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  • April 29, 2022

    UW’s Lawyering Skills Program Helps Students Learn ‘Real-World’ Skills

    The U.W. Law School's Lawyering Skills Program provides a hands-on practical experience for 2L and 3L law students. Director Ryan Poe-Gavlinski discusses the program, where each week visiting faculty from around Wisconsin give lectures, lead group discussions, and provide feedback to the student participants on the fundamentals of lawyering.

    Ryan F. Poe-Gavlinski

    A group of about 30 people smiling at the camera and showing the UW 'W' with their hands

    The U.W. Lawyering Skills Class visited the State Bar Center on April 6, 2022. The director of the program, Ryan Poe-Gavlinski, is in the 2nd row, left.

    The Lawyering Skills Course at the University of Wisconsin Law School is a unique opportunity for students to learn how to practice law in the “real world.” Students learn legal skills from practicing lawyers from all over Wisconsin through simulation.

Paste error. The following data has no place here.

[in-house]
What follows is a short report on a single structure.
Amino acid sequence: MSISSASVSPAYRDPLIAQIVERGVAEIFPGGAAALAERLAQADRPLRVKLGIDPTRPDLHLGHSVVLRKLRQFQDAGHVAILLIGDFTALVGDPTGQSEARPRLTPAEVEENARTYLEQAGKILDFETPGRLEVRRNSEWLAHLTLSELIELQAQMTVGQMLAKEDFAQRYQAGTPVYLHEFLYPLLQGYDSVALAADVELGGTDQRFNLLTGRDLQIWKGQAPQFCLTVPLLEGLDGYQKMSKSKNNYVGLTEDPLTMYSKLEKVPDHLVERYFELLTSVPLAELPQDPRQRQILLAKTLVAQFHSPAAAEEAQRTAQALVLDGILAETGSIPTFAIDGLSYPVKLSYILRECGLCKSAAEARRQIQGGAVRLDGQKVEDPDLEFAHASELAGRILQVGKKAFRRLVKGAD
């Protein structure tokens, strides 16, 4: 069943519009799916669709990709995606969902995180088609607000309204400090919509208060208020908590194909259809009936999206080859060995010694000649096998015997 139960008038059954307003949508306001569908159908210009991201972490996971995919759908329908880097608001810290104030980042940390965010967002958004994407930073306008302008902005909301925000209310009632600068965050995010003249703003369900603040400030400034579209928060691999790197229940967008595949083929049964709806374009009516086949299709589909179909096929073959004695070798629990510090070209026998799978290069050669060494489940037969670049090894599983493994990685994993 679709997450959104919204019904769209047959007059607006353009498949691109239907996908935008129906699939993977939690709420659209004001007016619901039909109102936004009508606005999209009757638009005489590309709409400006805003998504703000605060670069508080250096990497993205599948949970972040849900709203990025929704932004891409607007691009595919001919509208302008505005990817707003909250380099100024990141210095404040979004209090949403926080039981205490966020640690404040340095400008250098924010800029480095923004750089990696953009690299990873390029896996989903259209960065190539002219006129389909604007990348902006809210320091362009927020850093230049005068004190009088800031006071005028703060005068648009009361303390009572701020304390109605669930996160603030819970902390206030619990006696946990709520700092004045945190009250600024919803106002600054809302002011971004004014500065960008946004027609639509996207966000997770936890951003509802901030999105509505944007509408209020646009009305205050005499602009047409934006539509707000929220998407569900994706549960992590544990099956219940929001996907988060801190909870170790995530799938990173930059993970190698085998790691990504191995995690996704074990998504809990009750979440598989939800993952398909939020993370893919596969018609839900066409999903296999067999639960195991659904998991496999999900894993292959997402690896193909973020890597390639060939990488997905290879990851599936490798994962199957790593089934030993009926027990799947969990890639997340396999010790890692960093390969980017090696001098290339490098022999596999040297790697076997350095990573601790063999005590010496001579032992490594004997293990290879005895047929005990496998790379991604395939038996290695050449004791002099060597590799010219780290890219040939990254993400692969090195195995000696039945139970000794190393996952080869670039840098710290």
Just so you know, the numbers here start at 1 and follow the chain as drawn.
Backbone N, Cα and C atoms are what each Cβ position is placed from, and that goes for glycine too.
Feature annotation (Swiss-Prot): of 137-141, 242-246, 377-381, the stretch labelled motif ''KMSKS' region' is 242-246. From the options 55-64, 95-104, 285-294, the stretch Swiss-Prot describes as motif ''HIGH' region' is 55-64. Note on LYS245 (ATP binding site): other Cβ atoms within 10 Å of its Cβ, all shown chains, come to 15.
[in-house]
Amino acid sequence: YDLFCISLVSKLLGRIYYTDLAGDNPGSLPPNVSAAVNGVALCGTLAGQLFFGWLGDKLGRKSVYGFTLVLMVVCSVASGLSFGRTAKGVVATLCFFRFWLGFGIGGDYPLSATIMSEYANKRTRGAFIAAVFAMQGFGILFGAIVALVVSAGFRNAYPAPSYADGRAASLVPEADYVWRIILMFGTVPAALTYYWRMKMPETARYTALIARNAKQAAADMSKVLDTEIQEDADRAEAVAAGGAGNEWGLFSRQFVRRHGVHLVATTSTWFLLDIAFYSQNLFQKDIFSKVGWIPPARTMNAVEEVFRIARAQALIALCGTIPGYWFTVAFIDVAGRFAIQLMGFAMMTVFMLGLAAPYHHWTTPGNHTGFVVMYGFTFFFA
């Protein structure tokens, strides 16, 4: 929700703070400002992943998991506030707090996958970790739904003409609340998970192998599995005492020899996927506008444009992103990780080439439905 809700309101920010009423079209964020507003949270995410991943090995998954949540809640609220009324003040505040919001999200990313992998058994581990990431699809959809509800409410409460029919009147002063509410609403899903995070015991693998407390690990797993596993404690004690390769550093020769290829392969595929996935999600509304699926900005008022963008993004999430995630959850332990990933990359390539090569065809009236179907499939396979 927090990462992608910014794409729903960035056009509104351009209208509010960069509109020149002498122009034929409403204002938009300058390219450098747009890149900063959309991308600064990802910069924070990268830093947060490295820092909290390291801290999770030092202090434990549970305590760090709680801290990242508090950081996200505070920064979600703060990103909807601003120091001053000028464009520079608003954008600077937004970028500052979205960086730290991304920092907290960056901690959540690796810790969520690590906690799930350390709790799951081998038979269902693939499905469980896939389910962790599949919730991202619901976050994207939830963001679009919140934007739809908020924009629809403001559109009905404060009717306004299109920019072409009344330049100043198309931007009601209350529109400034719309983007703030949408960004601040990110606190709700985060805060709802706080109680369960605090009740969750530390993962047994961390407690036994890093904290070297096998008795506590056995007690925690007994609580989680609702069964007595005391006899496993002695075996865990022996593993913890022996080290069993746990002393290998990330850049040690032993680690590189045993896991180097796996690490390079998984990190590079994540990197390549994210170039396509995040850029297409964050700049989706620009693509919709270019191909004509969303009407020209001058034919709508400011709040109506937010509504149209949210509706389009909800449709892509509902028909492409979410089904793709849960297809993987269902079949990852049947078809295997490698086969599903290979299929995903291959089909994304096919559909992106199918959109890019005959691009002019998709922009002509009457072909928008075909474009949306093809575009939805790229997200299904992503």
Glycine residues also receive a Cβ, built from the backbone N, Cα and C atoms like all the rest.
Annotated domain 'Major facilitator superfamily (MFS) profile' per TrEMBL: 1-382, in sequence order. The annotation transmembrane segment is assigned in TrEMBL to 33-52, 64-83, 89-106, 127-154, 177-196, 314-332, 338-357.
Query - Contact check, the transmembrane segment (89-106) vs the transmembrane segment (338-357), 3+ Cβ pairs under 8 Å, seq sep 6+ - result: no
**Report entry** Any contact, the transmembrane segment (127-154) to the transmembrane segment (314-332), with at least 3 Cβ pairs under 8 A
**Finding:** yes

Each spring semester, 2L and 3L students are exposed to nine substantive areas of legal practice. This all-inclusive course is taught by practitioners and reveals the day-to-day work of practicing lawyers.

    About the Course

    The course has been an integral part of U.W. Law School curriculum since 1948. The original mission of this course holds true today: to develop a skills-based course that provides the students with the opportunity to practice and learn the fundamentals of lawyering. These skills include client interviewing and counseling, drafting, negotiating, participation in mediation, problem-solving, organizing and managing legal work, and networking.

    The course curriculum focuses on distinct practice areas, including local government proceedings, criminal proceedings, residential real estate transactions, divorce proceedings, representing the small business client, landlord-tenant proceedings, estate planning and probate, preparing a case for civil trial, and managing the early years of practice.